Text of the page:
On A Journey To Better Child Protection
Accusations and proposals are thick in the air following the appalling death of Baby P. But the system as a whole is not proven broken by even this awful tragedy, writes Maggie Atkinson, president of the Association of Directors of Children’s Services
The death of Baby P has shocked and angered the nation, and rightly so. The case is truly appalling, and the political and media reaction has reflected our natural, collective and completely human repulsion.
There has since been a flurry of announcements of inspections, reviews and reports, aiming to reassure the public that something is being done. Yet before those reviews have done their work, which to be worth anything must be painstaking and thorough, accusations and proposals for changing the system are thick in the air. I do not intend to add to the fevered speculation. I await the verdicts of the inspectors and Lord Laming.
I do want to look, from inside the system as a director of children’s services and president of the ADCS, at how far we have come since the Children Act 2004 went live in 2005. From the media coverage, the public might think we have rested on our laurels. We are still labelled as “social services departments” with all the emotional baggage that entails. There is no recognition of the massive changes in local culture, and the attendant structural changes, that bring together education, children and families’ social services, youth support, guidance and community services and early years, working under one director to join up our efforts, with the child or young person at their heart.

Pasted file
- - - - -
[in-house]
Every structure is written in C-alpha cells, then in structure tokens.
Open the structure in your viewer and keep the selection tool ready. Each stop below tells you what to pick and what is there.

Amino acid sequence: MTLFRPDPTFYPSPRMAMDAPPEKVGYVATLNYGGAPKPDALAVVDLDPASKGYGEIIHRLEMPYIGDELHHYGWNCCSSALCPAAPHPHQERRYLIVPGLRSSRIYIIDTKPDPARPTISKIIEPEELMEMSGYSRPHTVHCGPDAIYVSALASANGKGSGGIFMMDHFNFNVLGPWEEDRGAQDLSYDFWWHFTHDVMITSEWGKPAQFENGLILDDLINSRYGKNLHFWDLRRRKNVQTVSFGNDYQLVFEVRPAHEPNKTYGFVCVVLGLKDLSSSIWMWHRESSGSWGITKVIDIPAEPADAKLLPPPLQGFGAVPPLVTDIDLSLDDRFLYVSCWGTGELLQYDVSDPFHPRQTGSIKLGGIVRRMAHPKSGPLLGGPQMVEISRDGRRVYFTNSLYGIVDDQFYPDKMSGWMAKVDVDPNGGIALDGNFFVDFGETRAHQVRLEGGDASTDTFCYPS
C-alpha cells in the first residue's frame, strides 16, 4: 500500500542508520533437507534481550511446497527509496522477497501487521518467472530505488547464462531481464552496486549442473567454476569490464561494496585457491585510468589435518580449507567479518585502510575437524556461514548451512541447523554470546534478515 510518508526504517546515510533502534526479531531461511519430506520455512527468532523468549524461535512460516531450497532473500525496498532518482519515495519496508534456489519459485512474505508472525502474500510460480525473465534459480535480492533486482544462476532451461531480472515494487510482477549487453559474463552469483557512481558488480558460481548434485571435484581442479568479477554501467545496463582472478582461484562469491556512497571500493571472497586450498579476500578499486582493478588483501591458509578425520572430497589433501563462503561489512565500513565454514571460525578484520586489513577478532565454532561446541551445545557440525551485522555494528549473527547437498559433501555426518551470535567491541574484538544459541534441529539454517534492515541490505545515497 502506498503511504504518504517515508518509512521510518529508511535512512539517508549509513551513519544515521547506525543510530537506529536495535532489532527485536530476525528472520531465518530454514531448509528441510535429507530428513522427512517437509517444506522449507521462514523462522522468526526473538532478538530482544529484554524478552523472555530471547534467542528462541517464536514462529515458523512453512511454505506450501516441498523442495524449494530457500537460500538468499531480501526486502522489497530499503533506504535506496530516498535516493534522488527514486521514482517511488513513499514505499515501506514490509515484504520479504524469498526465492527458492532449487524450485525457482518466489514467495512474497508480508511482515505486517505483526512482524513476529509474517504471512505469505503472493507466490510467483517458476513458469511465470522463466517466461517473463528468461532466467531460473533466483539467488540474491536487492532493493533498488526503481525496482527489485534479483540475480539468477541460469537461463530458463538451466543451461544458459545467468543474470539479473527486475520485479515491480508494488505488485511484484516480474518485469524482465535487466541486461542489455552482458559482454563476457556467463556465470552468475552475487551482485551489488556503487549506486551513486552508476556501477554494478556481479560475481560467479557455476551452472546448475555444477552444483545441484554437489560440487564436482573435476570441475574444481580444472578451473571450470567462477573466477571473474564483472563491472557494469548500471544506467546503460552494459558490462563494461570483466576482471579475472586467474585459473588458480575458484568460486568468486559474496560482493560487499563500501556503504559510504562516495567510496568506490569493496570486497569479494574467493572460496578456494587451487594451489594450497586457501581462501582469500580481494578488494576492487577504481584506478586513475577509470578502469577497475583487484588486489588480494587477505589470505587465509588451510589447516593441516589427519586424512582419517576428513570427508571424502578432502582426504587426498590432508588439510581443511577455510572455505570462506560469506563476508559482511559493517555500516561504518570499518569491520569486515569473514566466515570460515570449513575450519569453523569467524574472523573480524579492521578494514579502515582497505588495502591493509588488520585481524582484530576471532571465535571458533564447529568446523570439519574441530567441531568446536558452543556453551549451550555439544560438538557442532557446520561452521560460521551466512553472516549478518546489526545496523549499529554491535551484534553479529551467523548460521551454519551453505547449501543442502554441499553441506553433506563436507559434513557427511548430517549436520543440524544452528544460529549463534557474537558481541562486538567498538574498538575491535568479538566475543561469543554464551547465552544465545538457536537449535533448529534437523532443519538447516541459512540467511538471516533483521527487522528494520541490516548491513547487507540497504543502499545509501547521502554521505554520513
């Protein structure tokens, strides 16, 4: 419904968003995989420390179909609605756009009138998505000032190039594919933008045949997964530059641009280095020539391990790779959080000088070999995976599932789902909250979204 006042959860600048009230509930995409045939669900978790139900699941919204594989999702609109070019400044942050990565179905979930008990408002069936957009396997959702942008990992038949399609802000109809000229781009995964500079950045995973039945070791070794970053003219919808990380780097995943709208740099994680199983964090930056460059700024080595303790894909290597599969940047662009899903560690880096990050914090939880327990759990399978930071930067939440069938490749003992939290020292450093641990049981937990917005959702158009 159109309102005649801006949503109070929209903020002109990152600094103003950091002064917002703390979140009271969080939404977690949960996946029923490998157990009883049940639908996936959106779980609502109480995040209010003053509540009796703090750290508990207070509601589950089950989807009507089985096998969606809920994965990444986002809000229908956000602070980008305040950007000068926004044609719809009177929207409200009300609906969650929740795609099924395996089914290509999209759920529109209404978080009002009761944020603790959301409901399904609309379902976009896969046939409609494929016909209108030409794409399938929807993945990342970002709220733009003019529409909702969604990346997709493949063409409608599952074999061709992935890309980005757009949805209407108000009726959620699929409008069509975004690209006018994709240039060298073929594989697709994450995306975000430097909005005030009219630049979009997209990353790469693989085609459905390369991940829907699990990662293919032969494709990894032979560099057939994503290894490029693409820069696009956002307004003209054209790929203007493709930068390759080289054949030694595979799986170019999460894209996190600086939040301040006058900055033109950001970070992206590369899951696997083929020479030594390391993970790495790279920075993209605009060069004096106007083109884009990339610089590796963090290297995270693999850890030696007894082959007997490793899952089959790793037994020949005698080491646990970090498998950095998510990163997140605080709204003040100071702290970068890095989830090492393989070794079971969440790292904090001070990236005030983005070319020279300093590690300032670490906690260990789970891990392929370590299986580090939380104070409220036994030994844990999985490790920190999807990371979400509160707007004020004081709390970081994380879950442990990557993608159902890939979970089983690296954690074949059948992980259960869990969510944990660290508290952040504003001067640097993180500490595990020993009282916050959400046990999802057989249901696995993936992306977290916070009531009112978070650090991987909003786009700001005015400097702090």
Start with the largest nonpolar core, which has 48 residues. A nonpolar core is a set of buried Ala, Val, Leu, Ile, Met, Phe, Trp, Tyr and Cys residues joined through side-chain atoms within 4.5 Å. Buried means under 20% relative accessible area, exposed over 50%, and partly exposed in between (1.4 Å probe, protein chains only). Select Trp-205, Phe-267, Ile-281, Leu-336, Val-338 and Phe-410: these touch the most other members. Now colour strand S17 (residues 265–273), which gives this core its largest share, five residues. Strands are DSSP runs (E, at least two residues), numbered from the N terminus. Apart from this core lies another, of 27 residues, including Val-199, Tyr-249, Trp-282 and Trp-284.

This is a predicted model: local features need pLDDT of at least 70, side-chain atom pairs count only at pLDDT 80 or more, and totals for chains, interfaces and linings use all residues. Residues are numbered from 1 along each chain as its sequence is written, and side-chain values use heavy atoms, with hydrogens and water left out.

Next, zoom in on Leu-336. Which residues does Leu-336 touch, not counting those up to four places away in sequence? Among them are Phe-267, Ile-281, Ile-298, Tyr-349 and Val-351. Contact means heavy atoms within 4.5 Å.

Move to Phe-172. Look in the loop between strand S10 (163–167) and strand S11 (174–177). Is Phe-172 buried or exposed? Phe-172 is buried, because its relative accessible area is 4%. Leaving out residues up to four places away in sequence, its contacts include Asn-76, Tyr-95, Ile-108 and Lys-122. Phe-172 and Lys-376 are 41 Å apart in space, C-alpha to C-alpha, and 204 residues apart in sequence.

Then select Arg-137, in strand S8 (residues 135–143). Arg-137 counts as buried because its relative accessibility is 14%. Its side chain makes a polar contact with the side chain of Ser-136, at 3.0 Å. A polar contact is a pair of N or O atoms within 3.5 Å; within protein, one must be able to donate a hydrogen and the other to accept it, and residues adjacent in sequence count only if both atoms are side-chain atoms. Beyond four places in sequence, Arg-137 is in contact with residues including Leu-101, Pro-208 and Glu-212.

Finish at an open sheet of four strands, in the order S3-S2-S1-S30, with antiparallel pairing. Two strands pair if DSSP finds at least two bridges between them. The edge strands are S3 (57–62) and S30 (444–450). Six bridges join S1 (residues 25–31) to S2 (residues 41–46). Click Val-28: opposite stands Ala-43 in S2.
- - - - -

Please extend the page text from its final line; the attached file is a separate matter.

Pundits look blank when faced with the five Every Child Matters outcomes and the work done to ensure every child is not only safe, but lives a healthy, productive and fulfilling life. These changes, which have defined our working lives since Every Child Matters in 2003, have apparently passed the world by.
The massive effort to meet the challenges set by Lord Laming in 2003 must not be forgotten. The sector has been provided with copious legislation, guidance, and a wealth of pilot initiatives. Local innovations have opened up communication between agencies. Children’s trusts, local strategic partnerships and local safe-guarding children boards all bring professionals both to the table, and to account. Multi-agency teams in shared bases in extended schools and children’s centres make joined-up working real. The attendant investment in training is paying off.
But there, as in all we do, it will now take still more time to rectify the damage done to the professions concerned by perception, and media coverage of this case. Child protection is now built into the system at every stage: budget discussions and priority setting, work in schools, recording and reporting, training and practice.
We have not yet reached a place where we can rest and reflect on all this change, because the ground continues to shift beneath our feet. New legislation will bring schools and others into the heart of our children’s trusts. Inspection regimes will take account of multi-agency approaches, recognising that, as the context in which we work has changed, so must the standards by which we are judged.
We are only half way through a 10-year journey – and we still have to tackle the problems of how to share budgets, how to embed information sharing and dialogue into every corner of the children’s sector, and how else build on what we have achieved. We are in it for the journey, keen both to be held to account and to work with Lord Laming on his review of progress so far, and convinced the system as a whole is not proven broken by even this awful tragedy. We learn best when we are calm, measured, balanced and open. And the time to be all these things is now.